A boy who was jailed for life at the age of 12:he tried as an adult after helping kill friend’s stepfather

While most children his age spend their days laughing with friends with nothing more serious to consider than their latest homework assignment, Paul Henry Gingerich is enduring an entirely different reality.

In 2010, at the age of 12, Paul, from Enchanted Hills, Indiana, was sentenced to 25-years in prison for his part in shooting dead a friend’s stepfather.

While his crime was undoubtedly terrible, what is perhaps equally shocking is that despite his age, Paul was tried as an adult and is now not due to be released until he is 37.

In Indiana, under extreme circumstances, children as young as 10 can be tried and sentenced in adult courts. However it is rare and Paul remains one of the youngest ever to be tried in this fashion.

Paul’s life was turned upside down on a fateful day in April, 2010, when he went from an ordinary kid, who had never been in trouble for anything more serious than talking in class and not finishing his homework, to a killer.

Paul, an older boy called Colt Lundy and another 12-year-old called Chase Williams, had planned to run away together.

But the then 15-year-old Lundy had told the other boys that his stepfather Phil Danner, would never allow it, so they would have to kill him first.

Lundy handed Paul a loaded gun and the pair crept through a window into Danner’s house where they sat in armchairs waiting for him to walk into the room.

The other younger boy Chase Williams had refused to go in and had remained outside the house.

In his original police confession Paul described what happened next: ‘Phil turned the corner and then he (Colt) shot him. I freaked out and closed my eyes and turned around and shot’, the Sunday Mirror reports.

The court documents say Paul told police he simply went along with his older friend and didn’t believe his friend was serious about killing his stepfather.

But in 2010 Paul was sentenced to 25 years in prison, for conspiring to fatally shoot 49-year-old Danner.

In December last year, the Indiana Court of Appeals threw out Paul’s guilty plea and sentence, saying a juvenile court judge rushed when he waived the case to adult court.

The appellate court ordered a new hearing to determine if Paul should be retried in a juvenile court.

However it is a massive gamble because if the court decides that Paul should be retried as an adult, for the more serious crime of murder, he could be sentenced to 65 years and remain incarcerated until the age of 77.

As things stand, Paul is due to spend the next three years in a juvenile facility before being transferred to Indiana’s notoriously tough Adult prison system.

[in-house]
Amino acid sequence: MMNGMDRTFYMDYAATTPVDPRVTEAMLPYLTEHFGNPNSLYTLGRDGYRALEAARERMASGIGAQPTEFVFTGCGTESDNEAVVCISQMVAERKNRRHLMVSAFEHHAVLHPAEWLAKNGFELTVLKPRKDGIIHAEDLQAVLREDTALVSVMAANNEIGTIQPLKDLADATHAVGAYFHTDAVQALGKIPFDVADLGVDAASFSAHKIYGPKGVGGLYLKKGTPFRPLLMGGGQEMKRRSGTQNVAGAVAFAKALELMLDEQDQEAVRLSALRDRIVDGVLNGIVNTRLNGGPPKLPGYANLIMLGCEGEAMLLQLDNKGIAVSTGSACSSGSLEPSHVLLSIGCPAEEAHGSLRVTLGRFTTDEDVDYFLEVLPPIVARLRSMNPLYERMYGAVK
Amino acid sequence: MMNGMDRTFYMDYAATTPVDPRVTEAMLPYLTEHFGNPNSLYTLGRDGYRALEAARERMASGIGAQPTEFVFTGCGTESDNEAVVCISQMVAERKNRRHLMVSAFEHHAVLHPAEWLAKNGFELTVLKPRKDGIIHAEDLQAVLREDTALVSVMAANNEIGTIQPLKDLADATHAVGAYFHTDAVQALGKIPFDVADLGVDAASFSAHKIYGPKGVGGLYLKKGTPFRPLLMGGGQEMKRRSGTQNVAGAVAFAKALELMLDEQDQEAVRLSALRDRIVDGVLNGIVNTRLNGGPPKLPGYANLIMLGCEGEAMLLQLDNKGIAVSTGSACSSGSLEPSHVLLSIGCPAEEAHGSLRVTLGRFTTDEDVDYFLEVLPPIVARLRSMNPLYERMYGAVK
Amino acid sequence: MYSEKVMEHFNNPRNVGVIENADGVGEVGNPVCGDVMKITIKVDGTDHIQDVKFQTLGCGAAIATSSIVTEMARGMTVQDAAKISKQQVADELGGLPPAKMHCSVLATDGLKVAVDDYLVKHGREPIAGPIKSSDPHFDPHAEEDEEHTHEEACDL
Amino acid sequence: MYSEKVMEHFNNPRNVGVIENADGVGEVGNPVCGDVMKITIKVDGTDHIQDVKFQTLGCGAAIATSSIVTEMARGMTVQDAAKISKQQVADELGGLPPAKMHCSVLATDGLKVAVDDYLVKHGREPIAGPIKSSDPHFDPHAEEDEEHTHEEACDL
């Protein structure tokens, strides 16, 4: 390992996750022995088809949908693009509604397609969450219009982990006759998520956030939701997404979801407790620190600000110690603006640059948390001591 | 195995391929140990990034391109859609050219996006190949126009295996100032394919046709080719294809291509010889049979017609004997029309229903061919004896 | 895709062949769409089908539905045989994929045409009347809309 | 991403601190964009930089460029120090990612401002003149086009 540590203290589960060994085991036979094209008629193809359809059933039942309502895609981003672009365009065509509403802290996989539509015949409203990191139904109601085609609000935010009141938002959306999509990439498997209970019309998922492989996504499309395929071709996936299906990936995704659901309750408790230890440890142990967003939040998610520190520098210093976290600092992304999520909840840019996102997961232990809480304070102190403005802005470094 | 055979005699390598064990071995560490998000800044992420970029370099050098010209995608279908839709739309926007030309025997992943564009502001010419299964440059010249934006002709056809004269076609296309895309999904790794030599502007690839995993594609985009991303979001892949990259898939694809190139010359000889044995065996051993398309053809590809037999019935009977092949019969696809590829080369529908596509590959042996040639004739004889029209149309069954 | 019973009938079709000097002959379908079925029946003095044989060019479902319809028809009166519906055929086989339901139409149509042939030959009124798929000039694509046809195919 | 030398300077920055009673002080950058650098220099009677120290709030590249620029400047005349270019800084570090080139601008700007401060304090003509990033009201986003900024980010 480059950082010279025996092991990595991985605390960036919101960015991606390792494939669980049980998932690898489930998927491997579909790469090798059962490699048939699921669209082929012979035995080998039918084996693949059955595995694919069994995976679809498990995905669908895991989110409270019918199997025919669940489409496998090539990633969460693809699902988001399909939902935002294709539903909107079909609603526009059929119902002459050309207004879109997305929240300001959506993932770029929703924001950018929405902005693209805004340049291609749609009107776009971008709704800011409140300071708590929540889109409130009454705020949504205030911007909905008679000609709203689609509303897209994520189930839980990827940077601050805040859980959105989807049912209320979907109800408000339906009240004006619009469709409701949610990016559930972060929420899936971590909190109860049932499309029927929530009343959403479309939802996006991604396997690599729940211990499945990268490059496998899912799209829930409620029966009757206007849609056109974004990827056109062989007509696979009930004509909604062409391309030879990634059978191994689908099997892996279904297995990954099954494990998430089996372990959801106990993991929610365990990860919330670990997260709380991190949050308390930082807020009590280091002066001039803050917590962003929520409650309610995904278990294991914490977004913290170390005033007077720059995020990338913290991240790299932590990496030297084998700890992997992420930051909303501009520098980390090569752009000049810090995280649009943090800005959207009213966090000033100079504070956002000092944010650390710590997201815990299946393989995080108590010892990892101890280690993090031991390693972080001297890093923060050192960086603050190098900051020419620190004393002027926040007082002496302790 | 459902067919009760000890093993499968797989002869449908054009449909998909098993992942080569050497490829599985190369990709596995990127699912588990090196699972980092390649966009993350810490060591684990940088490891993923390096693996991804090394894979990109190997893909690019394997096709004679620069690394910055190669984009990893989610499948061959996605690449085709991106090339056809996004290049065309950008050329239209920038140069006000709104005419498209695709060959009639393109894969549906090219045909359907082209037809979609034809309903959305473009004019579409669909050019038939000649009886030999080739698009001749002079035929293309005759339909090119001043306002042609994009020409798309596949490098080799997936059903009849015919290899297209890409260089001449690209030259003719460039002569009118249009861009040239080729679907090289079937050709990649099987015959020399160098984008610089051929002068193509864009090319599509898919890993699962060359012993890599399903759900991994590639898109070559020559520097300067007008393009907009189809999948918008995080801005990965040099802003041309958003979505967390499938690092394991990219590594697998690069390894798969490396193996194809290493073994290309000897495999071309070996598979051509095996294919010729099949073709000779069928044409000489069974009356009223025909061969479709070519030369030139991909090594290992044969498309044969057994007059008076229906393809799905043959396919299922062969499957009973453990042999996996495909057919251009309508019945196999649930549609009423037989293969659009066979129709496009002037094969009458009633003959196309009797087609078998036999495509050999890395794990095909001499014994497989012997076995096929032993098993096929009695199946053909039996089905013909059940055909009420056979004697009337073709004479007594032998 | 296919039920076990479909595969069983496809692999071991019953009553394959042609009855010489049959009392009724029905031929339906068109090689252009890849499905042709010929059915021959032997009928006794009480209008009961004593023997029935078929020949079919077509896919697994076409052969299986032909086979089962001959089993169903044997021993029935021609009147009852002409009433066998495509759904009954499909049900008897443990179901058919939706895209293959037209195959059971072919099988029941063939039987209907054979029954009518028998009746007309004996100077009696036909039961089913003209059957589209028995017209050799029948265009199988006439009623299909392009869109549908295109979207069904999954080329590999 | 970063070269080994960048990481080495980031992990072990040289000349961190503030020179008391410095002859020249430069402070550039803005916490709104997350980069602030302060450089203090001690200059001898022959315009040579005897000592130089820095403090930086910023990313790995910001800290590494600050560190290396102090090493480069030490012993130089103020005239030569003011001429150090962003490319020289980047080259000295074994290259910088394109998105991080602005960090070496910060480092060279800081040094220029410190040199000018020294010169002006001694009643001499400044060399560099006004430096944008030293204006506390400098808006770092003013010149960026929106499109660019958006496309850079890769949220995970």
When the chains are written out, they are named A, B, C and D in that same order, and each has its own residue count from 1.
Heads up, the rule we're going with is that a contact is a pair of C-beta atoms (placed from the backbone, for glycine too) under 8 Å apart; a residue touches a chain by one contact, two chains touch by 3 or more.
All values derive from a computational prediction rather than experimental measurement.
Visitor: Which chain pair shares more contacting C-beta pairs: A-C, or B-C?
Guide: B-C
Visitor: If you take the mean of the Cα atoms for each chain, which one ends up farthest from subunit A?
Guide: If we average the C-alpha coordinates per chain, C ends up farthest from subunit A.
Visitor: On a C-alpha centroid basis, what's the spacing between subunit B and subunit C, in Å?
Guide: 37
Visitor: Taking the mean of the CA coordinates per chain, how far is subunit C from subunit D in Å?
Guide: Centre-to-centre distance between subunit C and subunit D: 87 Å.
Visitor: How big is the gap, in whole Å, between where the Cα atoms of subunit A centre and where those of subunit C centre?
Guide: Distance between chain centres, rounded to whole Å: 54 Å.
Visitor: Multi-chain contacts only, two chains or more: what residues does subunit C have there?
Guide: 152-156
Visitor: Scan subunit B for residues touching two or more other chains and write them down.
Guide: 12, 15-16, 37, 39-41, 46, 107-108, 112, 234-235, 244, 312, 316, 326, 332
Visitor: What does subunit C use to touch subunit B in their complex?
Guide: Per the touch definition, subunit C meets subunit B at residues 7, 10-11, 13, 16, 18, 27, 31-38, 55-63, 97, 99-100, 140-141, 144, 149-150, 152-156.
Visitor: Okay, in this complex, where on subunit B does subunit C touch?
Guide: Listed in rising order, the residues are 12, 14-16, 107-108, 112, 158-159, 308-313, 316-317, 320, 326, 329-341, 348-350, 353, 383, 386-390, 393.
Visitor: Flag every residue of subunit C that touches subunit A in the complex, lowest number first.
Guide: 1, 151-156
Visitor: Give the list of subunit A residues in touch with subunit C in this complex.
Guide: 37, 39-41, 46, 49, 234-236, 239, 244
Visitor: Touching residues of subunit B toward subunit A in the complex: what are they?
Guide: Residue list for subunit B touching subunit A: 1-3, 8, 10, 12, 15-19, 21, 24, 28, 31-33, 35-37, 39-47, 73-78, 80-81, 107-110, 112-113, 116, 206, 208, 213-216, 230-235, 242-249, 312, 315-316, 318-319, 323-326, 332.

His attorney, Monica Foster, said: ‘You really can’t appreciate just how horrific the adult prison system is unless you’ve been there.

‘For the last 30 years I’ve been in and out of the adult prison system in the State of Indiana and I wouldn’t let my dog go there for a week, much less a 12-year-old kid.’

His harrowing story is the subject of a new documentary by filmmaker Zara Hayes which is due to be aired on Channel 4 later this week.

Paul’s mother Nicole said: ‘I’m in disbelief with the whole thing.

‘Surely if you had an adult male or female who had the brain capacity of a 12-year-old, they would not be tried as an adult.’

By all reports Paul has been a model prisoner. He attends school inside the juvenile prison five days a week, where he works hard in the hope that achieving good grades will mean the chance of a good job when he is released.

His teachers describe him as a role model and one of the best behaved children in the institution.

His father Paul Senior, said: ‘I never wanted him to get off scot free. He did commit a crime and I don’t want people to see him as a victim because Phil Danner was the victim in this case.

‘But you can’t throw a child in with adults and expect him not to get screwed up.’

Paul is now a long way from the floppy-haired 12-year-old who made that terrible decision three years ago.

Now sporting a crew cut, his grey eyes appear to have lost much of their innocence. Prison hasĀ  hardened him.

But incredibly he says he is grateful for what he has,.

He says: ‘I believe I have matured faster than other kids my age.

‘I’m starting to think before I act more and not be so impulsive. Now I’m more grateful for what I have.’


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